Call centers are undergoing a period of rapid change, driven by a number of technological and demographic transformations. Millennials, and to some degree Generation X, desire to communicate with organizations electronically driving adoption of new agent channels. Businesses, still wary of the recent recession, are looking to reduce costs and improve scalability and flexibility. Meanwhile, new technologies and software are allowing call center leaders to turn massive amounts of data into actionable intelligence.
These are but a few of the many insightful findings from the annual 2016 North American Call Center Survey conducted annually by Evolve IP. According to the survey, the biggest call center concern is insufficient reporting and analytics with just over 6 in 10 rating it from “challenging” to “extremely challenging”. The second biggest struggle is improving agent productivity; over half rated it from “challenging” to “extremely challenging”. Cost reduction ran close behind, with 16.5 percent noting that finding ways to reduce costs was “very to extremely challenging” and with three in 10 noting it as “challenging.”
Results demonstrate the industry’s desire for meaningful analytics and for deeper integration between solutions. The overwhelming majority of respondents are eyeing investments in cloud technologies to increase business intelligence (BI), improve productivity, enable scalability, reduce costs and deliver customer insight.
Cloud-based solutions hold the ability to resolve many of the top challenges, and nearly eight out of 10 organizations plan to evaluate moving to a new cloud-based call center from a legacy on-premises system. 28 percent of respondents are evaluating a move in the next year and an additional 50.5 percent will do so after 12 months. Among the many reasons to upgrade to the cloud, the list was topped with improved business continuity/disaster recovery (60 percent), lower TCO (49.5 percent), scalability (43 percent), automatic new feature upgrades (37.5 percent) and integration capabilities (35.5 percent).
When asked to rate actual use-case challenges. Cloud call centers outperformed in nearly all categories. In fact 65.5 percent of cloud call center respondents cited no concerns with their solution, versus just 46 percent of on-premises users. Among the top issues that were reported:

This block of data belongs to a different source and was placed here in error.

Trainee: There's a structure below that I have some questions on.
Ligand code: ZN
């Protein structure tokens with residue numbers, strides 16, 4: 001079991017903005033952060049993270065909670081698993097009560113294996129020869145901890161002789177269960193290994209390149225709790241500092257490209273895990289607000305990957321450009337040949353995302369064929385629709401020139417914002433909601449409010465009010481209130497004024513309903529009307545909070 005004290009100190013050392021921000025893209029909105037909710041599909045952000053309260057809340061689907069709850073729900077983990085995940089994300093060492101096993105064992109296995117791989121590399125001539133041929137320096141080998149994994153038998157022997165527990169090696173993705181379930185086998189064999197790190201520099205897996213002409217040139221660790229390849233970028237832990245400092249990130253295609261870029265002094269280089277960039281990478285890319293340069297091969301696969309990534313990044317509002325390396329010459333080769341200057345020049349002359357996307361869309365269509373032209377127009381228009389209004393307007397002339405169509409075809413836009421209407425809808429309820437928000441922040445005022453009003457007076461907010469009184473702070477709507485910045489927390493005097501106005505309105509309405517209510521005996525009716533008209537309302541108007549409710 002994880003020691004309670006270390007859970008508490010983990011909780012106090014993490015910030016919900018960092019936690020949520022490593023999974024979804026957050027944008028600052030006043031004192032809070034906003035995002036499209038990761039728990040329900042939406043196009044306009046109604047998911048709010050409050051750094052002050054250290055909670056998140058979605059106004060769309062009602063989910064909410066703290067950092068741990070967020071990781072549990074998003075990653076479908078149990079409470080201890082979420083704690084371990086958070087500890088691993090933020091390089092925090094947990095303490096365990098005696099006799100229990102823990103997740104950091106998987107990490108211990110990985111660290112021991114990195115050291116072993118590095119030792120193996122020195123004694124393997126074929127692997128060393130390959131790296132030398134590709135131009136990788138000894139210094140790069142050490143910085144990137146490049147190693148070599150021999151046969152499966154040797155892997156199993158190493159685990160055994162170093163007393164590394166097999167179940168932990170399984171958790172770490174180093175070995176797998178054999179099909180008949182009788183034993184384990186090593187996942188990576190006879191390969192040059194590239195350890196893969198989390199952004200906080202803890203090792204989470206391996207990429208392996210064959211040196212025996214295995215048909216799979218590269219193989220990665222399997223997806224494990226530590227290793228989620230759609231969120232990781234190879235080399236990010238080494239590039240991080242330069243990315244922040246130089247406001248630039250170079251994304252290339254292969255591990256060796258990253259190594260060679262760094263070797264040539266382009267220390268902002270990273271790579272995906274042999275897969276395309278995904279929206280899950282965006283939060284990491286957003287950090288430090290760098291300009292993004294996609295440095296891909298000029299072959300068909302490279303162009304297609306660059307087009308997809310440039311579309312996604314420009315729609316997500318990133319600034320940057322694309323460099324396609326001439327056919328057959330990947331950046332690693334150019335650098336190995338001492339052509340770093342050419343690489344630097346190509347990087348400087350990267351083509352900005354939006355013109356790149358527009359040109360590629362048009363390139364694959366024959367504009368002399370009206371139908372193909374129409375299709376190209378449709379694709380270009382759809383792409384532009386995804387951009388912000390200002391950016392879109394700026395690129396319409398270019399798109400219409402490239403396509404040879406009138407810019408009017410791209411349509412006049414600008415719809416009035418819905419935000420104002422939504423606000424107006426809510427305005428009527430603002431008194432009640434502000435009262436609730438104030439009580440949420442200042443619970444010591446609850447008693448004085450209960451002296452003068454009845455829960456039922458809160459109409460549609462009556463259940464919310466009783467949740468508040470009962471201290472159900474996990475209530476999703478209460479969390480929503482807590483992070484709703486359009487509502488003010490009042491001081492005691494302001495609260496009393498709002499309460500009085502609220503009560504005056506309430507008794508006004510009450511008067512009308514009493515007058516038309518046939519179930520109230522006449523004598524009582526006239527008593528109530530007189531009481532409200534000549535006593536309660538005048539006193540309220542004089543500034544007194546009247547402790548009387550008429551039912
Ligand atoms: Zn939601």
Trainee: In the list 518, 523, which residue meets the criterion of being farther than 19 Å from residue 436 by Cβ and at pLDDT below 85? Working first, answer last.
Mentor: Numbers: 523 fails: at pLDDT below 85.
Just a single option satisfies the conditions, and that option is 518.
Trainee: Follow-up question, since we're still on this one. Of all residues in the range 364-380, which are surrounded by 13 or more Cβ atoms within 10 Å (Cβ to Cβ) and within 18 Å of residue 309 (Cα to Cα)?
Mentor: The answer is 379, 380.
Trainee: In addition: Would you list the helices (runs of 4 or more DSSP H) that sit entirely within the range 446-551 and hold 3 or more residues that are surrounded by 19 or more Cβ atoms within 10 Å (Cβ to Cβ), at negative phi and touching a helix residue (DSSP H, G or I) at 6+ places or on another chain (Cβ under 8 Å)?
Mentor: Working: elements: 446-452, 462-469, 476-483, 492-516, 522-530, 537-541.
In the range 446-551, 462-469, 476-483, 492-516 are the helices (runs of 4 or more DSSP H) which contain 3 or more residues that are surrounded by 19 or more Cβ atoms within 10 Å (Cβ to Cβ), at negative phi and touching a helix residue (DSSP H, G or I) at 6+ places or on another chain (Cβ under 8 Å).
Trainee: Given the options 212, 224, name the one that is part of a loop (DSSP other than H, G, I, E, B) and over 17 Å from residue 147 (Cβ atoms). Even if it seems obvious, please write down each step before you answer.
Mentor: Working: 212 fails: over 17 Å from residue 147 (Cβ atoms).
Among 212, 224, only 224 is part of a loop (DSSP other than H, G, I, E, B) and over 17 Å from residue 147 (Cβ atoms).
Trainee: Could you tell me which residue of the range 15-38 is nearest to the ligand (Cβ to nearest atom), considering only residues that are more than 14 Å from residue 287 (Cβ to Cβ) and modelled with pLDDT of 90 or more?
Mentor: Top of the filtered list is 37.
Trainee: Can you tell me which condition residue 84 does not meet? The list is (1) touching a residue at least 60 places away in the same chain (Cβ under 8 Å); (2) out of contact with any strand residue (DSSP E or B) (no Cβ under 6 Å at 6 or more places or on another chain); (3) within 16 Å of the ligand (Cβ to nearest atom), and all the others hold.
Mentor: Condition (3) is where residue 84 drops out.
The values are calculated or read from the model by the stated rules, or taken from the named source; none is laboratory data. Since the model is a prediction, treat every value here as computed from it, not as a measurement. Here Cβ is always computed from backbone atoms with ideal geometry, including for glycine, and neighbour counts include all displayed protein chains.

• A lack of integration capabilities was cited as a challenge by 31 percent of on-premises users compared to just 8.5 percent of cloud call centers.
• Uptime concerns were double for on-premises systems at 15 percent compared to 7.5 percent of cloud call centers.
• Security issues were similarly cited with 15 percent of on-premises users noting the issue versus just 8.5% of cloud respondents.
Contact centers are rich with data, yet it’s often where many stop adding business value. The survey shows a strong desire for contact center leaders to integrate with other systems and to start delivering meaningful business insights. With strong momentum toward deploying cloud-based communications, where analytics and business intelligence are easier to implement, contact center leaders will have great opportunities to not only advance their practices, but also directly influence the long-term strategic success of their businesses.
Additional Survey Highlights
• Business Intelligence Investments: The top two investment priorities are Customer Relationship Management solutions and Customer Satisfaction Surveys – both tools that can deliver meaningful business intelligence when integrated with other systems. Paradoxically, just 13.5 percent of respondents noted the actual investment in BI reporting and integration tools as a priority.
• Multi-channel: Solutions that handle chat, email, fax and social media have gained traction, as 59 percent now have a solution in place. Of those not meeting the growing customer demand for multichannel support, 32 percent cited inadequate technology.
• Downtime often results in lost revenue and brand loyalty erosion. However, the survey found that failures are frequent, with 6 in 10 centers experiencing downtime in the past year.
• What’s hot: At-home agents remain one of the top initiatives in call centers. However, respondents are concerned about agent functionality from home. Main points of contention are: ability to monitor agent activity (40 percent), agent morale (40 percent), and having the right technology (32 percent).
• What’s not: Noticeable numbers of respondents panned video as an interaction channel, SMS / Text and speech and text analytics as “pure hype,” with little potential business value.